How to Treat Someone for Shock

Shock occurs when there is an insufficient amount of blood flowing through the body. It's often the result of a serious illness or injury, such as from a car accident. It's a life-threatening condition—you'll need to act fast.

You will need

  • Awareness of the signs of shock
  • A calm demeanor
  • A blanket
  • Something with which to prop up feet
  • A shading device
  • like an umbrella

Step 1 Check for signs of shock Check for signs of shock. They include clammy skin, paleness, restlessness, thirst, bleeding, profuse sweating, confusion, labored or rapid breathing, blotchy or bluish skin (especially around the mouth), and nausea and/or vomiting.

Step 2 Treat minor shock Treat minor shock, where the shock is more due to the event than the injury, by having the person sit down and put his head between his legs, especially if he feels like he’s going to faint. The rush of blood to his head will help stabilize him.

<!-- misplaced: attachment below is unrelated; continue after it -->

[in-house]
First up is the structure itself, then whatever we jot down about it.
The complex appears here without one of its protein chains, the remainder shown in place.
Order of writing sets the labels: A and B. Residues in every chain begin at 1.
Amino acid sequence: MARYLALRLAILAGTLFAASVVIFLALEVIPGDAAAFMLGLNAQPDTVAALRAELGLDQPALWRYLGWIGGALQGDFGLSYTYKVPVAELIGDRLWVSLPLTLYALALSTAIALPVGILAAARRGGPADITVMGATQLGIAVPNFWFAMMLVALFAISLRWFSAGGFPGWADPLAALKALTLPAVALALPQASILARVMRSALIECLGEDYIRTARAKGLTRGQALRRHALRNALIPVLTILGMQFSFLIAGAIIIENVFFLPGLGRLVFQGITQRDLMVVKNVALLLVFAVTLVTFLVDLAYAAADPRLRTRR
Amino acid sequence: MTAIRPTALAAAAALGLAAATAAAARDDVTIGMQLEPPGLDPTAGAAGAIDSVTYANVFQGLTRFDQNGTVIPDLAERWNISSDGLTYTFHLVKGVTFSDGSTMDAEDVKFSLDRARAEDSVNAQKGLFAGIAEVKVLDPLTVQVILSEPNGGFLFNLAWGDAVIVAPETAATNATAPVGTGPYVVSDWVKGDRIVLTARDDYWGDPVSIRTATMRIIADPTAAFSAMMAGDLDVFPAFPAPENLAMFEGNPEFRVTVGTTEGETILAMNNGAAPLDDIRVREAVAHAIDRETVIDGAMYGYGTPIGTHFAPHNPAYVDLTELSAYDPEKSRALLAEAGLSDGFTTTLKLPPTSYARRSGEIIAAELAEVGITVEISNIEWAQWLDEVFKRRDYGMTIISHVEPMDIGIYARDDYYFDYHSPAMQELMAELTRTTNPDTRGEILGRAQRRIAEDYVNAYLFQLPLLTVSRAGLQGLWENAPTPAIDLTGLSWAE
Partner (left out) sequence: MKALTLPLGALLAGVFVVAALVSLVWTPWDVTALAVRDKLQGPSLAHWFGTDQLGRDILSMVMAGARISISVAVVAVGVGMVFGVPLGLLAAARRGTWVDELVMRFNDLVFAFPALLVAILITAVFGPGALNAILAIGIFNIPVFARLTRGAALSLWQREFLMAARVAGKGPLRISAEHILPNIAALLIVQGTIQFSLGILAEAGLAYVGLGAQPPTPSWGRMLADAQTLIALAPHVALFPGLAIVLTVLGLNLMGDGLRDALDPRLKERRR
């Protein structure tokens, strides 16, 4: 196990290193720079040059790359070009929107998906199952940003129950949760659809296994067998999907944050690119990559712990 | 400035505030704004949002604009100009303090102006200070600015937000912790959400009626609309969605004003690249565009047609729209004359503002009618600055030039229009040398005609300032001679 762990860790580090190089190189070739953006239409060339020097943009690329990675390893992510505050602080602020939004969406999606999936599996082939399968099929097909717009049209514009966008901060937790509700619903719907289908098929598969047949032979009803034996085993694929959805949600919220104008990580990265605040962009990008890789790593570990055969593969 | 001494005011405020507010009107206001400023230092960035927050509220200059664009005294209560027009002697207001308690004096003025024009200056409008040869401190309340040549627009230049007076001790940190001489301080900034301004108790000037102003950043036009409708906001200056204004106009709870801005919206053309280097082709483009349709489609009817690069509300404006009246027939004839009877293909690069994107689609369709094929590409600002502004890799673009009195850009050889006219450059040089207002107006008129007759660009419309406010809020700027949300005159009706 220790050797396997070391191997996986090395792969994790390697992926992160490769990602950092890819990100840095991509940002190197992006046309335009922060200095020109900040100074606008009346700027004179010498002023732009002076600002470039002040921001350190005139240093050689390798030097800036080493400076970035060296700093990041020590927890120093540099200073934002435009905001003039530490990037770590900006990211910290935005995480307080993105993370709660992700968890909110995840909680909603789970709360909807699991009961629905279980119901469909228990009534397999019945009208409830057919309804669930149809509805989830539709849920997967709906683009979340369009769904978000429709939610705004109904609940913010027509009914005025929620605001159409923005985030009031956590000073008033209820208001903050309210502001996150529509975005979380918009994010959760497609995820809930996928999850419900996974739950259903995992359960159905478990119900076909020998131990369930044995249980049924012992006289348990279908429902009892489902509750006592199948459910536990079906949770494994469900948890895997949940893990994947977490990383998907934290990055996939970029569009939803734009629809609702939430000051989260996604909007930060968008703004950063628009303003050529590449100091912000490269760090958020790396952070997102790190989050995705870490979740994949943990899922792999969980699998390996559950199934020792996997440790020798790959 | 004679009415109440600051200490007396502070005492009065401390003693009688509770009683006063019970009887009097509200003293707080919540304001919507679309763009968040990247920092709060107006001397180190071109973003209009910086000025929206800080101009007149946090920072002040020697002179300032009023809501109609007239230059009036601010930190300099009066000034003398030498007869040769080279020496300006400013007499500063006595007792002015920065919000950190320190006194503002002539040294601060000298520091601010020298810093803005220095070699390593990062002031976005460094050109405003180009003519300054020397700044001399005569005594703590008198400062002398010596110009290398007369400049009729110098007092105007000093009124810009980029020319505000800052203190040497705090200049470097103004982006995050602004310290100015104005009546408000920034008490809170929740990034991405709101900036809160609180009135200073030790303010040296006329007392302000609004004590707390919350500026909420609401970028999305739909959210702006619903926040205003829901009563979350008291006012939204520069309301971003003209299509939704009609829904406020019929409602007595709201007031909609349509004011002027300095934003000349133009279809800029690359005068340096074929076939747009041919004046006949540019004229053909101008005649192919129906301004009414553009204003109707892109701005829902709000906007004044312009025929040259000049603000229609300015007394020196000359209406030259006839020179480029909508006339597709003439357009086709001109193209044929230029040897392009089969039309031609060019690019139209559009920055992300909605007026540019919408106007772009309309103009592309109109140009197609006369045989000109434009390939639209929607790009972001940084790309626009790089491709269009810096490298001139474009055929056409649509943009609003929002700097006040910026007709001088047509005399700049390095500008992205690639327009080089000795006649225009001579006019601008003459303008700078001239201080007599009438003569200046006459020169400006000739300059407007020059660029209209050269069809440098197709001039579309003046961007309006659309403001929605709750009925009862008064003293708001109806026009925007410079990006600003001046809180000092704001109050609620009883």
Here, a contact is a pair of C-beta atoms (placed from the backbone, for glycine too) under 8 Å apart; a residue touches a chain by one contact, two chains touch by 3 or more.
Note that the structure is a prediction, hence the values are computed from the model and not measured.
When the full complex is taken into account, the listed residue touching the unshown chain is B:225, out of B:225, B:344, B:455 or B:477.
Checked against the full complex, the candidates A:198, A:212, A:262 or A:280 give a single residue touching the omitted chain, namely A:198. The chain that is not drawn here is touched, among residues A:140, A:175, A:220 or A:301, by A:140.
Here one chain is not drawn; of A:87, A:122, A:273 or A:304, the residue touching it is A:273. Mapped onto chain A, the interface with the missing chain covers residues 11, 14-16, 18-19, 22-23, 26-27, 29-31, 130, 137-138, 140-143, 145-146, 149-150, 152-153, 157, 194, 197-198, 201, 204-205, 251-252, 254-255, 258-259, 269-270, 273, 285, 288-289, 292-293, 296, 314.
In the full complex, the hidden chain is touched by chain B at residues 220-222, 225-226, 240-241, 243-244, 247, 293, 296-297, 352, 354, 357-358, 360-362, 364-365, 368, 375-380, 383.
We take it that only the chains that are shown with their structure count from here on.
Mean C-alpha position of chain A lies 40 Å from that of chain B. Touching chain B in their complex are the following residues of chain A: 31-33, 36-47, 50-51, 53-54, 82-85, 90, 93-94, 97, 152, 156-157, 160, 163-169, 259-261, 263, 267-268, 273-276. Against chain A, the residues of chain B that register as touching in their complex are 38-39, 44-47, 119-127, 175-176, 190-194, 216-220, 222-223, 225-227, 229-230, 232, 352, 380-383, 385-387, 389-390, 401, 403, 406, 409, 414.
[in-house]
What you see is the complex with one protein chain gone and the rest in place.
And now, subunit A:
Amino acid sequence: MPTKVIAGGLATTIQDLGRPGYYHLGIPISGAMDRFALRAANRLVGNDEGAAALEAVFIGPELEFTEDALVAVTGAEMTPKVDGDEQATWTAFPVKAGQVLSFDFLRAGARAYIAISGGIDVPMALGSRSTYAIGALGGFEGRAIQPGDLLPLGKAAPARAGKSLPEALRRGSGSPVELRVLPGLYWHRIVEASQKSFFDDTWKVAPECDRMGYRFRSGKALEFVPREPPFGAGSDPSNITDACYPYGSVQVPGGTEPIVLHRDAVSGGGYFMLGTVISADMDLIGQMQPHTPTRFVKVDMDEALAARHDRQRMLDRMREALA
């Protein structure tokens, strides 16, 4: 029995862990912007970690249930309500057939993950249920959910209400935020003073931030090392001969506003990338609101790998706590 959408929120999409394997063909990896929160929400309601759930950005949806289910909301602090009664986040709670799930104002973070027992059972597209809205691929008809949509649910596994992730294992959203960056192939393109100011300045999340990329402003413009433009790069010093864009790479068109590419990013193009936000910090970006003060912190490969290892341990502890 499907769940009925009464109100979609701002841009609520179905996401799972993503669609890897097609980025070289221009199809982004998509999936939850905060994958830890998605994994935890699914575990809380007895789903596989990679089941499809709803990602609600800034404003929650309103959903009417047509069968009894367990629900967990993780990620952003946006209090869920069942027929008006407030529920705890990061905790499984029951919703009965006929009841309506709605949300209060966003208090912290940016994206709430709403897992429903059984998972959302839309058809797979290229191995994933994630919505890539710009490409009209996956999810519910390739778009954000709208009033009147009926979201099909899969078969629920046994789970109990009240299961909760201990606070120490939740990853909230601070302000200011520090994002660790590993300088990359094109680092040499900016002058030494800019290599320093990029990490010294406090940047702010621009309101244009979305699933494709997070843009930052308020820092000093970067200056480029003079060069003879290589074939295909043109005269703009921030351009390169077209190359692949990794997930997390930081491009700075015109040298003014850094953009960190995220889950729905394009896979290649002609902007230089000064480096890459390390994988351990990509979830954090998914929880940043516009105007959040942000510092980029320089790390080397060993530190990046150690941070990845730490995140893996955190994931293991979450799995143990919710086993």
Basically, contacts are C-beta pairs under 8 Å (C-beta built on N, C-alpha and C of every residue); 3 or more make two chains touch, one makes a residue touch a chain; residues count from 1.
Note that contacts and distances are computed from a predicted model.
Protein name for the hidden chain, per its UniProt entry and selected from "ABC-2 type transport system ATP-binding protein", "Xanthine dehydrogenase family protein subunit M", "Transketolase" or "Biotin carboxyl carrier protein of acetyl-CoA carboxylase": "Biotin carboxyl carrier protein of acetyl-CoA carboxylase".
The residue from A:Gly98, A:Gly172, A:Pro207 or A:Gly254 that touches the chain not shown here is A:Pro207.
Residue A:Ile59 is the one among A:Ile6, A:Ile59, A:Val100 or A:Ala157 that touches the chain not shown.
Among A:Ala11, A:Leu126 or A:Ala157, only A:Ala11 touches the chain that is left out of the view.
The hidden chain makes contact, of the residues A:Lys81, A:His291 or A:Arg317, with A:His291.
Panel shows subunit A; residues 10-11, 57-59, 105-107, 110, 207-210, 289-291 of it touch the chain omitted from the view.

Step 3 Loosen clothing Loosen clothing at the neck, waist, and wherever it appears to be tight.

Step 4 Elevate the legs or head Keep the person lying down and elevate his legs off the ground—unless they’re fractured—to help direct more blood toward the vital organs. If he’s having trouble breathing and you’re sure he’s suffered no injuries to his neck or spine, elevate his head and shoulders.

Step 5 Check for mouth bleeding Check for blood in the mouth. If it’s present, turn person on his side so he won’t choke.

Step 6 Maintain his body temperature Keep him at a comfortable body temperature by covering him if it’s cold or providing shade if it’s hot.

Step 7 Provide reassurance Do your best to keep the person calm by providing constant reassurance. Speak and act with confidence (even if you’re quaking inside).

Step 8 Wait with the victim Stay with the victim until medical help arrives.